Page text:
Say you're driving a rented car in an unfamiliar vacation destination city and start to cross a big bridge, when you suddenly find you owe a toll and there's no toll booth around to accept cash? Depending on where you live, that might be either routine or unexpected, but in either case, it's more common: Many toll bridges, tunnels, and highways have eliminated conventional staffed or automatic toll booths that can accept cash or credit cards in favor of all-electronic systems. And driving through an electronic toll collection point without the right hardware can lead to a stiff fine. You can avoid most problems with a little planning:
1. Determine whether you're likely to encounter any toll facilities wherever you plan to go. The best place I know to find that information for driving in the U.S. is a Federal Highway Administration compilation, at https://www.fhwa.dot.gov/policyinformation/tollpage/page00.cfm, available as either a PDF or spreadsheet download.
2. Use the FHA charts to determine the primary toll-collection agency for any facilities you plan to use. A few collection agencies cover multiple states or metro areas: E-Z Pass (e-zpassiag.com) operates in 17 states, so if you already use E-ZPass where you live, you may not need to do anything more. Other systems, however, are unique to a single facility.
3. Electronic toll collection systems come in several different flavors:
-- The system scans a vignette or decal you put on your windshield that can be read by scanners. Some vignettes are prepaid for a specified time; others charge per-use and link you to an online payment process.
-- The system relies on scanning your license plate as you drive through. You set up an account and pay for each trip online or by smartphone app. Sometimes, you don't even have to set up an account; just call or log in and pay within a few days of use.
-- The system communicates with a transponder device that you return after use.
4. Do not blindly rely on your car rental company. Rental companies may offer toll-recognition and payment as an add-on option, but you almost always pay more than when you arrange your own system. One nasty scam: A rental company charges you a daily toll-collection price for every day of the rental, whether or not you use the system every day -- and maybe it adds a markup, too.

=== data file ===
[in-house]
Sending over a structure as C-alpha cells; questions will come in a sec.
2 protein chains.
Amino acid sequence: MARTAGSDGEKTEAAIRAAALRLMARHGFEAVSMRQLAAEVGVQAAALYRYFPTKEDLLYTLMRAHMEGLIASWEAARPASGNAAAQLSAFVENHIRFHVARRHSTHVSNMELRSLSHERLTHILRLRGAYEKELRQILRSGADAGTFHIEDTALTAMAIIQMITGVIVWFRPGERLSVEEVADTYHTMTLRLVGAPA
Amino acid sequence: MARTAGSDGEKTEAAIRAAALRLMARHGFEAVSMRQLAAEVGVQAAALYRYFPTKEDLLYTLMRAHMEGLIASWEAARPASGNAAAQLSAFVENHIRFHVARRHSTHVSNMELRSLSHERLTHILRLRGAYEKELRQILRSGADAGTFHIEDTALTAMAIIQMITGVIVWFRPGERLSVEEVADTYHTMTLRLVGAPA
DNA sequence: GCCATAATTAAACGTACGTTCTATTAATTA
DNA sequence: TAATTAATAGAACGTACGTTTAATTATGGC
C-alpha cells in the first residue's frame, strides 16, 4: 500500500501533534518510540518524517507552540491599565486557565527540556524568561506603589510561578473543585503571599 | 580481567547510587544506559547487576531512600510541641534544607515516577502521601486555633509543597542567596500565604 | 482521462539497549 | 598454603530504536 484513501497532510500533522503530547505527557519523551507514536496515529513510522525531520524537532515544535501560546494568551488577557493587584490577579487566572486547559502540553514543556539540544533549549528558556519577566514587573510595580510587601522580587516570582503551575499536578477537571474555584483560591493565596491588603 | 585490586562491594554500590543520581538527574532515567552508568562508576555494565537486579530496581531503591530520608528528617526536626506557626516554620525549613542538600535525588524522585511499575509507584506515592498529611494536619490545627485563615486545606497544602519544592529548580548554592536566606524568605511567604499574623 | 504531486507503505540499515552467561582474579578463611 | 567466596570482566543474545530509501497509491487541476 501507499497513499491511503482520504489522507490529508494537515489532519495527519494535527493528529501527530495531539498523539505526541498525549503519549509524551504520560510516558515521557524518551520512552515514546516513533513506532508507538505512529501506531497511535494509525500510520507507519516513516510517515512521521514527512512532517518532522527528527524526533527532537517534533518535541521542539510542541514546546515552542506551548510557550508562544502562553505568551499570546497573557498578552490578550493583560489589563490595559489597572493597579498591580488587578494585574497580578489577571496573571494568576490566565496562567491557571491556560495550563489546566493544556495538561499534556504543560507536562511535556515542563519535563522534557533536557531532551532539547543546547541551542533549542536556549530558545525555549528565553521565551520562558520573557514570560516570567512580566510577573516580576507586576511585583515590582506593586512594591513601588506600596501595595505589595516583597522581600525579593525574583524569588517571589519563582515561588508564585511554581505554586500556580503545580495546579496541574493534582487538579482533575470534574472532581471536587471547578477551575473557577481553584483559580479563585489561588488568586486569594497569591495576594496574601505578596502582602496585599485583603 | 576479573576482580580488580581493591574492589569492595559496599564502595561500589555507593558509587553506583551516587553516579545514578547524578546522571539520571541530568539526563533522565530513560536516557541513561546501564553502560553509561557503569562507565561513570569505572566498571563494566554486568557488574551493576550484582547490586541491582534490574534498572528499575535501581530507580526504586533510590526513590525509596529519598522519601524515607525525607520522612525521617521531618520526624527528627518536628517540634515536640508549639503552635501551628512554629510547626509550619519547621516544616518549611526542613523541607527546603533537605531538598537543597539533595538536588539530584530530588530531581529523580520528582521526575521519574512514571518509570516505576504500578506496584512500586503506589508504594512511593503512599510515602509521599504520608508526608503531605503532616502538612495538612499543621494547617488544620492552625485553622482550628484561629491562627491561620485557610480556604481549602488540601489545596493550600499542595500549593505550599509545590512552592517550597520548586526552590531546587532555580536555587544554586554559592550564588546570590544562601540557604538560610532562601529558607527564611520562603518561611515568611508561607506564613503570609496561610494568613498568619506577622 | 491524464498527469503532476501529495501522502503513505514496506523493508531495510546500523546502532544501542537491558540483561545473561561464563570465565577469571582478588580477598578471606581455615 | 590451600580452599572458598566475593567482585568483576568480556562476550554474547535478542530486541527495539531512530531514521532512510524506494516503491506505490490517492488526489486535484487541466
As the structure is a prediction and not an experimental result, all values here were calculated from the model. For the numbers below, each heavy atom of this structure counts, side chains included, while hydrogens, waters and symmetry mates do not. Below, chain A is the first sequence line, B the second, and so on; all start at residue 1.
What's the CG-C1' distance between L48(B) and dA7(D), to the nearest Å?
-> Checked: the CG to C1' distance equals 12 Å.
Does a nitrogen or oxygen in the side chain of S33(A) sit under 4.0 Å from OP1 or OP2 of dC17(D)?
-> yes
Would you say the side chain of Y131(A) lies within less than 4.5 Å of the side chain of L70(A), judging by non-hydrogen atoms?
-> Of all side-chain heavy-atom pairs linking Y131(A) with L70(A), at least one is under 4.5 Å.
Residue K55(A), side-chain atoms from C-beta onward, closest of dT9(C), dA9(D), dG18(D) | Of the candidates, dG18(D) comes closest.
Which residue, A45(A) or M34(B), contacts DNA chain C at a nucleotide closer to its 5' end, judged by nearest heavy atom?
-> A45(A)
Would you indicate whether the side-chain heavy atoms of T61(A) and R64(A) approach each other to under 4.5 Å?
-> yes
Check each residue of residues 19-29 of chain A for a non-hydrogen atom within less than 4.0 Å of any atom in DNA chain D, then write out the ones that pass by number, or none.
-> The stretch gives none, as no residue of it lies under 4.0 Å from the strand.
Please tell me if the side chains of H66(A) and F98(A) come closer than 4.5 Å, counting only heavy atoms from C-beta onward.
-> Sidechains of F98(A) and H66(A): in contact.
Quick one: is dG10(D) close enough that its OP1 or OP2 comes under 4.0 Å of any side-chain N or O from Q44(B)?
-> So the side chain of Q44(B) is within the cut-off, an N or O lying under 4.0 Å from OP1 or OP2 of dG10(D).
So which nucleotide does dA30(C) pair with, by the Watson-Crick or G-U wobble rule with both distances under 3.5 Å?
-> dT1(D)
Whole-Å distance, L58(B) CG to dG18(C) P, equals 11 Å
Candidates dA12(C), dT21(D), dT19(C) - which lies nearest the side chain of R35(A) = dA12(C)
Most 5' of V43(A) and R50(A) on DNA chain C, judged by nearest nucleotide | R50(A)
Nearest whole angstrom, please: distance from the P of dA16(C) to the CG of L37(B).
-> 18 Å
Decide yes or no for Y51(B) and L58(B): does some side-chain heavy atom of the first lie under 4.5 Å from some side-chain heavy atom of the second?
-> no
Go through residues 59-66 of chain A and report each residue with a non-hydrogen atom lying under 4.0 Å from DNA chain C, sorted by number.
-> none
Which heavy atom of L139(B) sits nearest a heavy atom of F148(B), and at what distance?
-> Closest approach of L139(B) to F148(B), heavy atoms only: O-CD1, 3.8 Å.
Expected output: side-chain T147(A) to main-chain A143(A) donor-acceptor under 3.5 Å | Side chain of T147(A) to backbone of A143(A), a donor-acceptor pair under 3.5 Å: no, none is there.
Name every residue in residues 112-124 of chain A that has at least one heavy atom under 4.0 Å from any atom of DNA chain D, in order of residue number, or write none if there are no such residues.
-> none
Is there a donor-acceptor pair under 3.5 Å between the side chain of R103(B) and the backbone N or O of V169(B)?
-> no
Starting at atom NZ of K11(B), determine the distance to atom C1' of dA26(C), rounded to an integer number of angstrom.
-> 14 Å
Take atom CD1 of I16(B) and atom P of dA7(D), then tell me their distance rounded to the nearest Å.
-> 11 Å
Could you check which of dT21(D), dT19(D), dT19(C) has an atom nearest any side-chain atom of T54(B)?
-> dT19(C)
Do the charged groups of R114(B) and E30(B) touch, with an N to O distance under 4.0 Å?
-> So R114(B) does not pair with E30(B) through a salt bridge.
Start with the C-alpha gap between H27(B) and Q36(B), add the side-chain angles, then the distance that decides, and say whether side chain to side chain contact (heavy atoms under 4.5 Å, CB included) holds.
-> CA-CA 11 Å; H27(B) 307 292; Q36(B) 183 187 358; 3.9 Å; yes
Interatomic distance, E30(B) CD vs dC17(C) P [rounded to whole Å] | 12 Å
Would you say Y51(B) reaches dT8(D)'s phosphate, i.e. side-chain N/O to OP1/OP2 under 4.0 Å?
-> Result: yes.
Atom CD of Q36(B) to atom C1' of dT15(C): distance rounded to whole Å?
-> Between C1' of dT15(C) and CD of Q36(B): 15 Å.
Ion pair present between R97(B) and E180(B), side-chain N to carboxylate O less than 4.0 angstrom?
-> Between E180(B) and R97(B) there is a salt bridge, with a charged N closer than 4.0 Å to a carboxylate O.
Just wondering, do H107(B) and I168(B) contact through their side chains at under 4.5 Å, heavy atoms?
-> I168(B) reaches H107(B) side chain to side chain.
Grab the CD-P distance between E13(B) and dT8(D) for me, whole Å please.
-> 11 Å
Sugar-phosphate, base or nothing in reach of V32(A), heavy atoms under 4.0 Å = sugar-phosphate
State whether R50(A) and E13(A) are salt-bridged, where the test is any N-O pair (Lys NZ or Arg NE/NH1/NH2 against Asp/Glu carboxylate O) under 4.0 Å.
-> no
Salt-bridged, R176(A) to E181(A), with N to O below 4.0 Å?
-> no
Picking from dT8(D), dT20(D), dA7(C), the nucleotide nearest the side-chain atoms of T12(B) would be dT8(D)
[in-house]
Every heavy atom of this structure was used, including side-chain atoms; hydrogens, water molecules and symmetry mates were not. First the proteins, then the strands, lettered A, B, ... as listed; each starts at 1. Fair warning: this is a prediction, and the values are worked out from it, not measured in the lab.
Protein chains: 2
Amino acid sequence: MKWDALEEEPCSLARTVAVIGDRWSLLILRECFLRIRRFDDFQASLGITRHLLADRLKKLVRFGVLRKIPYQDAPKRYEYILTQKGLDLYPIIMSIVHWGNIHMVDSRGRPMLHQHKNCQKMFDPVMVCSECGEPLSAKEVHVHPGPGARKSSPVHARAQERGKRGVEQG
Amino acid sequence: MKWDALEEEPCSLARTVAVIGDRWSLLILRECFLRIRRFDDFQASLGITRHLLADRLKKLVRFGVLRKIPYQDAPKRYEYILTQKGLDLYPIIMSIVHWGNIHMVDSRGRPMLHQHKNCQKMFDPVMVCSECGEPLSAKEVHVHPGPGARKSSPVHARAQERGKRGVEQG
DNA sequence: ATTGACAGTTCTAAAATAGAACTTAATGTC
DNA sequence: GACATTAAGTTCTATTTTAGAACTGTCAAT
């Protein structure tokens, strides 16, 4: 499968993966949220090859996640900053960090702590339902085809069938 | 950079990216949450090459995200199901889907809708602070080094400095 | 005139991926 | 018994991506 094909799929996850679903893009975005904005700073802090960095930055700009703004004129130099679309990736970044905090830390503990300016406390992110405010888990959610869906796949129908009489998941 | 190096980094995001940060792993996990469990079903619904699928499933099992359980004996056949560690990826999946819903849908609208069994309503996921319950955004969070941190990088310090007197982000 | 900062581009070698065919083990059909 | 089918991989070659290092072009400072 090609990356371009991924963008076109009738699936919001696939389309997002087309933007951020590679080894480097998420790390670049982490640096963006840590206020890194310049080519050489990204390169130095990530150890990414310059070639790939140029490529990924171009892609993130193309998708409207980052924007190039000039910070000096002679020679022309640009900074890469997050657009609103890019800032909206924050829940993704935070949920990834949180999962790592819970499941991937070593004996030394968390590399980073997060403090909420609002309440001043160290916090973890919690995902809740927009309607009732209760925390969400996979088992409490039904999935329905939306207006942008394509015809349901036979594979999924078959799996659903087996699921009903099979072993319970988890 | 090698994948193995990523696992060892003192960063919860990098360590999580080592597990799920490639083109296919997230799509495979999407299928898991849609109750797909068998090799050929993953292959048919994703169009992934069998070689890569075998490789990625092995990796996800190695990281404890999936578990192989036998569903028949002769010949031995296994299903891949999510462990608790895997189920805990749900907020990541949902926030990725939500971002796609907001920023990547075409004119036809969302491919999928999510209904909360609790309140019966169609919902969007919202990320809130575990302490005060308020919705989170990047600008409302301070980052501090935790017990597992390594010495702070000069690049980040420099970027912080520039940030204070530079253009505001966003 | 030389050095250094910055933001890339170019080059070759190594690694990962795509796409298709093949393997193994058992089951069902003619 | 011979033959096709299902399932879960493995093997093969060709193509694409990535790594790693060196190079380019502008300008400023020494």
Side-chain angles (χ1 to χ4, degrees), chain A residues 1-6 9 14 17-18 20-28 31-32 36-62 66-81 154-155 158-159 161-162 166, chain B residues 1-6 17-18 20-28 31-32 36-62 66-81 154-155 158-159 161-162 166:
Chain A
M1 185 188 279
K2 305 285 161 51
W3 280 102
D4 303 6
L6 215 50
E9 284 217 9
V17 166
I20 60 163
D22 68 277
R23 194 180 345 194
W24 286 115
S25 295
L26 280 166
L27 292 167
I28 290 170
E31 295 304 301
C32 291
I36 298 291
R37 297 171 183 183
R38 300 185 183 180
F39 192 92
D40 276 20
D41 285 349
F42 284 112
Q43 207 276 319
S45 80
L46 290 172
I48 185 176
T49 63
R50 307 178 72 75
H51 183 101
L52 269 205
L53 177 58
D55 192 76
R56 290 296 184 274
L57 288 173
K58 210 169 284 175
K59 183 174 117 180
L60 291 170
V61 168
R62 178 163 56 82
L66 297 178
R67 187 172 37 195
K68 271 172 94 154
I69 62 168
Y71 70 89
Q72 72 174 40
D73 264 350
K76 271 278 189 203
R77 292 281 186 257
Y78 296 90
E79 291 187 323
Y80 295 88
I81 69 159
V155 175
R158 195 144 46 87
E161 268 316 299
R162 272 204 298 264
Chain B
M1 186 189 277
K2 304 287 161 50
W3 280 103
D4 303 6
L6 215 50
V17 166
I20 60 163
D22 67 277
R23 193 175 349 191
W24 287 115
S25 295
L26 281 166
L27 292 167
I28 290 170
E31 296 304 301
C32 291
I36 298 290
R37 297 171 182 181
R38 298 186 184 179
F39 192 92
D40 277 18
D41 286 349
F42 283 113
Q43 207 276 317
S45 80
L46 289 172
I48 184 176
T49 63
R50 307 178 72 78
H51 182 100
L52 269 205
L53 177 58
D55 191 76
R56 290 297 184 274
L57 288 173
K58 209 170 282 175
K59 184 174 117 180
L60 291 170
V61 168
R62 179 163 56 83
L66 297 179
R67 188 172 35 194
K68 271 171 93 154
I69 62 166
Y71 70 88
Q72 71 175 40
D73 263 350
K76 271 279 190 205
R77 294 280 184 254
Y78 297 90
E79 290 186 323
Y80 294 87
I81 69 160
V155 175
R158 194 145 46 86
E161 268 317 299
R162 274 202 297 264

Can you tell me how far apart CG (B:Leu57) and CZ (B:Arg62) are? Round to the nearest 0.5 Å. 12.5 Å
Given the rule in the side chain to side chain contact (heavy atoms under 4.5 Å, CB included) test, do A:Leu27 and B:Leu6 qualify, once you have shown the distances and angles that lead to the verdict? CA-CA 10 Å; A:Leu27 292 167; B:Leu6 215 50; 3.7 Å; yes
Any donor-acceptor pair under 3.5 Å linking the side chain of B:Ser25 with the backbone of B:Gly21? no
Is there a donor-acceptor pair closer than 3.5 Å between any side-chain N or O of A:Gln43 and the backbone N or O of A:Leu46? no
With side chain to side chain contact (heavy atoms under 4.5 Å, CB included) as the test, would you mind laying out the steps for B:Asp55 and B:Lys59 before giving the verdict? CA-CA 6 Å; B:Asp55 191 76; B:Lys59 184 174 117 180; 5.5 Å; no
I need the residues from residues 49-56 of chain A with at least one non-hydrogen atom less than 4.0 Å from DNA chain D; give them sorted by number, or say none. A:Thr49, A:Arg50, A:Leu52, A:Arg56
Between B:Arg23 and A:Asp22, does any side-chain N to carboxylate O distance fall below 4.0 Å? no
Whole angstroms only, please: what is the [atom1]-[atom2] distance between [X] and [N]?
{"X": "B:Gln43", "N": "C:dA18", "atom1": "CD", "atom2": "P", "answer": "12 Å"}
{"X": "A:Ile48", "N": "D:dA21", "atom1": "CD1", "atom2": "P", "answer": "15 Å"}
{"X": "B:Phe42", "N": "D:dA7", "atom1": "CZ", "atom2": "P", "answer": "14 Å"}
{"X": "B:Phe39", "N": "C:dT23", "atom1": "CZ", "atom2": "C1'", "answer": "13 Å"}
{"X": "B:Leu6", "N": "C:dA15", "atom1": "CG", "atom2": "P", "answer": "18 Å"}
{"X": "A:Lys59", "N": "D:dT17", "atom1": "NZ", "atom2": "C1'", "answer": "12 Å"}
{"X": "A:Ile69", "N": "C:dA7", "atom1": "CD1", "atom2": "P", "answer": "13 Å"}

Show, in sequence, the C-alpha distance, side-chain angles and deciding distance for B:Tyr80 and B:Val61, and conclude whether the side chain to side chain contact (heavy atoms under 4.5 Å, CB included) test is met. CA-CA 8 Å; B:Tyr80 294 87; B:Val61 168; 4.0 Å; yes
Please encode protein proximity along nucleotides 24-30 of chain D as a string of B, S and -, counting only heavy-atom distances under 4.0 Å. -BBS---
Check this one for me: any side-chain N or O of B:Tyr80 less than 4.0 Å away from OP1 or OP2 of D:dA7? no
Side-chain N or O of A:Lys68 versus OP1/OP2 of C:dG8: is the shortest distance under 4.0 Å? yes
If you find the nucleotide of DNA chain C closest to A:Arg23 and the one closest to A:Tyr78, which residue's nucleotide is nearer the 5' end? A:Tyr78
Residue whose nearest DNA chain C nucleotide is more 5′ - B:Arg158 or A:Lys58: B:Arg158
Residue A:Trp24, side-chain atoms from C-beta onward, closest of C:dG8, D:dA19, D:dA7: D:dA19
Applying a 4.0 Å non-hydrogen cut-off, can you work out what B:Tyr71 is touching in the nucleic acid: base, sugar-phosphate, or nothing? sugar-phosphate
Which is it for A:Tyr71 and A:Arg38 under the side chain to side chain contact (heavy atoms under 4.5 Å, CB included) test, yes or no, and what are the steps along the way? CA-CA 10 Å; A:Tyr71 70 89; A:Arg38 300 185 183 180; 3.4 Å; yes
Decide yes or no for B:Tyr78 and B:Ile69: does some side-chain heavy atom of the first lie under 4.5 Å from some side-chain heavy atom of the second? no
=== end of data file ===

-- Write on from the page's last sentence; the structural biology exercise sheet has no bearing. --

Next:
5. When you drive in Europe, you'll encounter lots of bridge, tunnel, and highway tolls. In some cases, you have the option of using a toll gate that can accept cash or credit/debit cards, but in others electronic is the only option. Even when booths are available, automated tolls are almost always easier and often cheaper. Check TollTickets (tolltickets.com/en/) for requirements in each country and to buy/rent whatever you need. European transponders can also sometimes help with parking payments. Austria, Bulgaria, Czechia, Hungary, Moldova, Slovakia, Slovenia, and Switzerland require vignettes for use on major highways. Cars rented in those countries almost always come with a valid local vignette. If you plan to drive in an adjacent country, you can ask for a car with a vignette for that country, but you can't count on getting one. And in that case, you need to buy one. All countries except Switzerland sell short-term vignettes for visitors, but with Switzerland, you either have to buy an expensive full-year vignette or stay off the motorways.
6. A few important visitor destination cities, including London, Milan, Singapore, and Stockholm, assess a heavy congestion toll for driving in a core area, and New York City is seriously thinking about it. Tolls are collected, and fines assessed, through license plate scanning. Normally, the combination of a city-center accommodation and a rented car doesn't work very well, but if it works for your trip, contact your hotel about how to get to and from without paying any fines.